Why would a handler have to be more intune with a passive dog than an aggressive responding dog. Trained properly, the dog will go to source and give an indication. The only difference should be the manner is which the dog responds. We have both passive and aggressive response drug dogs. Of course all EDD's are passive (we have 11). The training is the same with the only difference being the aforementioned response. DFrost


Having run both dogs, an aggressive indicating dog often is much easier to see a clear indication; particularly for confined spaces, lots of noise or distraction, etc. There are times the passive dog is giving you the "just noticable difference" and I believe you have to be much more dialed into the dog's behavior and mannerisms to tell when he's not giving you such a clear indication as he would if he was an aggressive indicating dog. Just my opinion obviously, but having experience with both I felt I had to be much more dialed into the passive dog.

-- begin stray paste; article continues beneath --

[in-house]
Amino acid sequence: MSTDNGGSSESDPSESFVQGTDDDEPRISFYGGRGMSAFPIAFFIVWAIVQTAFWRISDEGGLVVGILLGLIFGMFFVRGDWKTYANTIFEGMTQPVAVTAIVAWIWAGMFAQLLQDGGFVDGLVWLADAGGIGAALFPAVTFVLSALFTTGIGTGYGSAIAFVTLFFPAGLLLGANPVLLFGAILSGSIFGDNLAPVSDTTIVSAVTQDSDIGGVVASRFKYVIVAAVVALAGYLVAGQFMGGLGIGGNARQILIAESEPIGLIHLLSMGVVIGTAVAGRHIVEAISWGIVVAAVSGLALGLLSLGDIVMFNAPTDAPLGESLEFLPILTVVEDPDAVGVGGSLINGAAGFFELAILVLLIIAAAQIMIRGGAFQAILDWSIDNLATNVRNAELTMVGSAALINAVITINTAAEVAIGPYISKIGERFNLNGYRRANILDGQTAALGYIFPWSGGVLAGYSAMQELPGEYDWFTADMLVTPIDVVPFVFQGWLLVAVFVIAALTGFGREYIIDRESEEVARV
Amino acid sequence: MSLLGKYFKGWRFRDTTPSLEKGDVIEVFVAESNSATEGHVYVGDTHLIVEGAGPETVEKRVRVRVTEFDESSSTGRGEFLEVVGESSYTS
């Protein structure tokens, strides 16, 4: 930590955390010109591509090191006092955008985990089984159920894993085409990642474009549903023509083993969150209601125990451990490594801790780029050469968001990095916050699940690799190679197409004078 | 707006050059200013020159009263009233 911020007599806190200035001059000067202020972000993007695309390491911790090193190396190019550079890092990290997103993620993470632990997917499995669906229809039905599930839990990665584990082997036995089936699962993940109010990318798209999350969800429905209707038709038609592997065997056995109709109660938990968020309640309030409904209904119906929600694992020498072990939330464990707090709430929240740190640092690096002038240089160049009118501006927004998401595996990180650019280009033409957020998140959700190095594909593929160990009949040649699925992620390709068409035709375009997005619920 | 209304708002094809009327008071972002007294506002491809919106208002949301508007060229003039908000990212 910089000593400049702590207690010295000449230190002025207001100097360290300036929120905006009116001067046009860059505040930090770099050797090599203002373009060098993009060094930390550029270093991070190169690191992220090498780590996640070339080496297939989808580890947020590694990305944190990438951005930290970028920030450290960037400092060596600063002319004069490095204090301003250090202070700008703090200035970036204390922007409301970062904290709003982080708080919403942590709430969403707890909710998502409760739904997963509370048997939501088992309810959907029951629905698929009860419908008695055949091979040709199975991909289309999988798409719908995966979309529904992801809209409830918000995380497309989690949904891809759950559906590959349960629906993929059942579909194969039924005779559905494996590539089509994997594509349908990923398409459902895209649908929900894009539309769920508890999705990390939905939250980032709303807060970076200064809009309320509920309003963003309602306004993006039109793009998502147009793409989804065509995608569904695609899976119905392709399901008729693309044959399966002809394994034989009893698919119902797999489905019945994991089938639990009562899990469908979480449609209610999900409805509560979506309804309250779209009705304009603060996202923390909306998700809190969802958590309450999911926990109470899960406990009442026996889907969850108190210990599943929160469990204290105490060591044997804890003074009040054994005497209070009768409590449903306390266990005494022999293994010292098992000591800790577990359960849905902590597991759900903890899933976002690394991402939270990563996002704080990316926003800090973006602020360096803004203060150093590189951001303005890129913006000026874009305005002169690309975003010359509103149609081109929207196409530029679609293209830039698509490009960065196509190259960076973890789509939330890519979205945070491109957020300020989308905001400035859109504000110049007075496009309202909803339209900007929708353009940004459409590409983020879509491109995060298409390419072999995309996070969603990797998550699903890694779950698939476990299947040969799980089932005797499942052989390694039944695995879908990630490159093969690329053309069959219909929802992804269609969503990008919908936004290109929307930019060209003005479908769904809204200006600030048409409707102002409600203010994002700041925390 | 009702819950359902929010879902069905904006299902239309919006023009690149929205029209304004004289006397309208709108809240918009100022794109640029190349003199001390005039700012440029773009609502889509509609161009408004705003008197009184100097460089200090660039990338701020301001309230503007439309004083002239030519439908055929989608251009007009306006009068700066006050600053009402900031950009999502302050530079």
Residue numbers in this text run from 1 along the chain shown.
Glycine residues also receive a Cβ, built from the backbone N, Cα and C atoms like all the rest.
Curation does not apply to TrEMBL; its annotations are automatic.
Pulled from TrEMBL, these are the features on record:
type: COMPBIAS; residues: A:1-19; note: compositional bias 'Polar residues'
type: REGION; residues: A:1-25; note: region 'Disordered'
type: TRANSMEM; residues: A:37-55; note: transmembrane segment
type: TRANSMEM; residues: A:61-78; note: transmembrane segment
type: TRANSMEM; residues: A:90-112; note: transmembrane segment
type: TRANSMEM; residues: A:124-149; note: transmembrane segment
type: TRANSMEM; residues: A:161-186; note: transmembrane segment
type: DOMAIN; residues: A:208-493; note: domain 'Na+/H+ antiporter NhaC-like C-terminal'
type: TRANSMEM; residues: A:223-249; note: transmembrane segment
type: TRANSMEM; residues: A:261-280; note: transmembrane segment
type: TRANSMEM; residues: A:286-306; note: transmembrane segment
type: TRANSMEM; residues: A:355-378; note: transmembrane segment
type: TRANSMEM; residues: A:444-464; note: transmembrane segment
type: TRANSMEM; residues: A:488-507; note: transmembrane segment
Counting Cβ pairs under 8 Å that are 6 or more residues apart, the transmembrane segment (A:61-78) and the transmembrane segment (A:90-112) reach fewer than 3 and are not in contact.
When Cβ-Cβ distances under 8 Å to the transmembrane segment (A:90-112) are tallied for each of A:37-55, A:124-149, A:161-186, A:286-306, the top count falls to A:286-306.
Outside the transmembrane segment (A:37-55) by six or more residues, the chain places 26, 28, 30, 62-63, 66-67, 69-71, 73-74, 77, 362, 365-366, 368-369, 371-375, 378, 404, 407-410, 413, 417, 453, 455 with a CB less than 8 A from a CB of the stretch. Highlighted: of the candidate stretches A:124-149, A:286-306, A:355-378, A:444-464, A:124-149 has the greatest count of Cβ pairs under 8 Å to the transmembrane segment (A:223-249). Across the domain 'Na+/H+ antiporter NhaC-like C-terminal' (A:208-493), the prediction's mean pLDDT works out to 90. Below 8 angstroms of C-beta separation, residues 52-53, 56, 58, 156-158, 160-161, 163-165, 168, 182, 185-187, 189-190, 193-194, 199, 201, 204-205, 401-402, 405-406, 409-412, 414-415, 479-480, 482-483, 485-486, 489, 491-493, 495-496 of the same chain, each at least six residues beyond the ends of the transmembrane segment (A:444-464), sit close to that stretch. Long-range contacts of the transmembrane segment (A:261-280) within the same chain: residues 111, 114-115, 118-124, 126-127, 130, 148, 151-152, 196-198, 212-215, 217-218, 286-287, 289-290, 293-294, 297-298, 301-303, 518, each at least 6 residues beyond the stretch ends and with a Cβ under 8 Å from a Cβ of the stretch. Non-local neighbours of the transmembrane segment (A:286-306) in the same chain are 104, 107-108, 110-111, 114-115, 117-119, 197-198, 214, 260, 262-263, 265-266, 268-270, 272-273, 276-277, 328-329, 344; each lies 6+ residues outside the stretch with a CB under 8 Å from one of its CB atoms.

I understand what you are saying, we'll just agree to disagree. A dog sitting is a pretty clear indication, I don't see how that can be missed.  I currently have 30+ drug detectors working, 10 or so of those are passive response, plus 11 explosives detectors. It's pretty easy to see when they are sitting(passive), or scratching, biting, attempting to retrieve (aggressive).


Beyond fatigue lies compensatory hypertrophy

Th_germanshepard_max50

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Rate This | Posted over 6 years ago

 

LT it's good to be able to agree to disagree. I did want to point out one significant mistake I made in a previous post. I do NOT train bark/hold. That is what I believe is an intrusion of sport into the police working dog arena. In a previous post I stated I refused to train bite/hold, I've corrected that. Sometimes my fingers are not in concert with my brain, that was one of the times. I currently have a class of 5 patrol dogs in session. They are due to graduate in late June, they, like all the others I train are purely; find/bite, bite and hold dogs. It's the Trooper's responsibility to deploy the dog correctly. Our philosophy is; an accidental dog bite should occur no more frequently than an accidental discharge.


 


DFrost


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Rate This | Posted over 6 years ago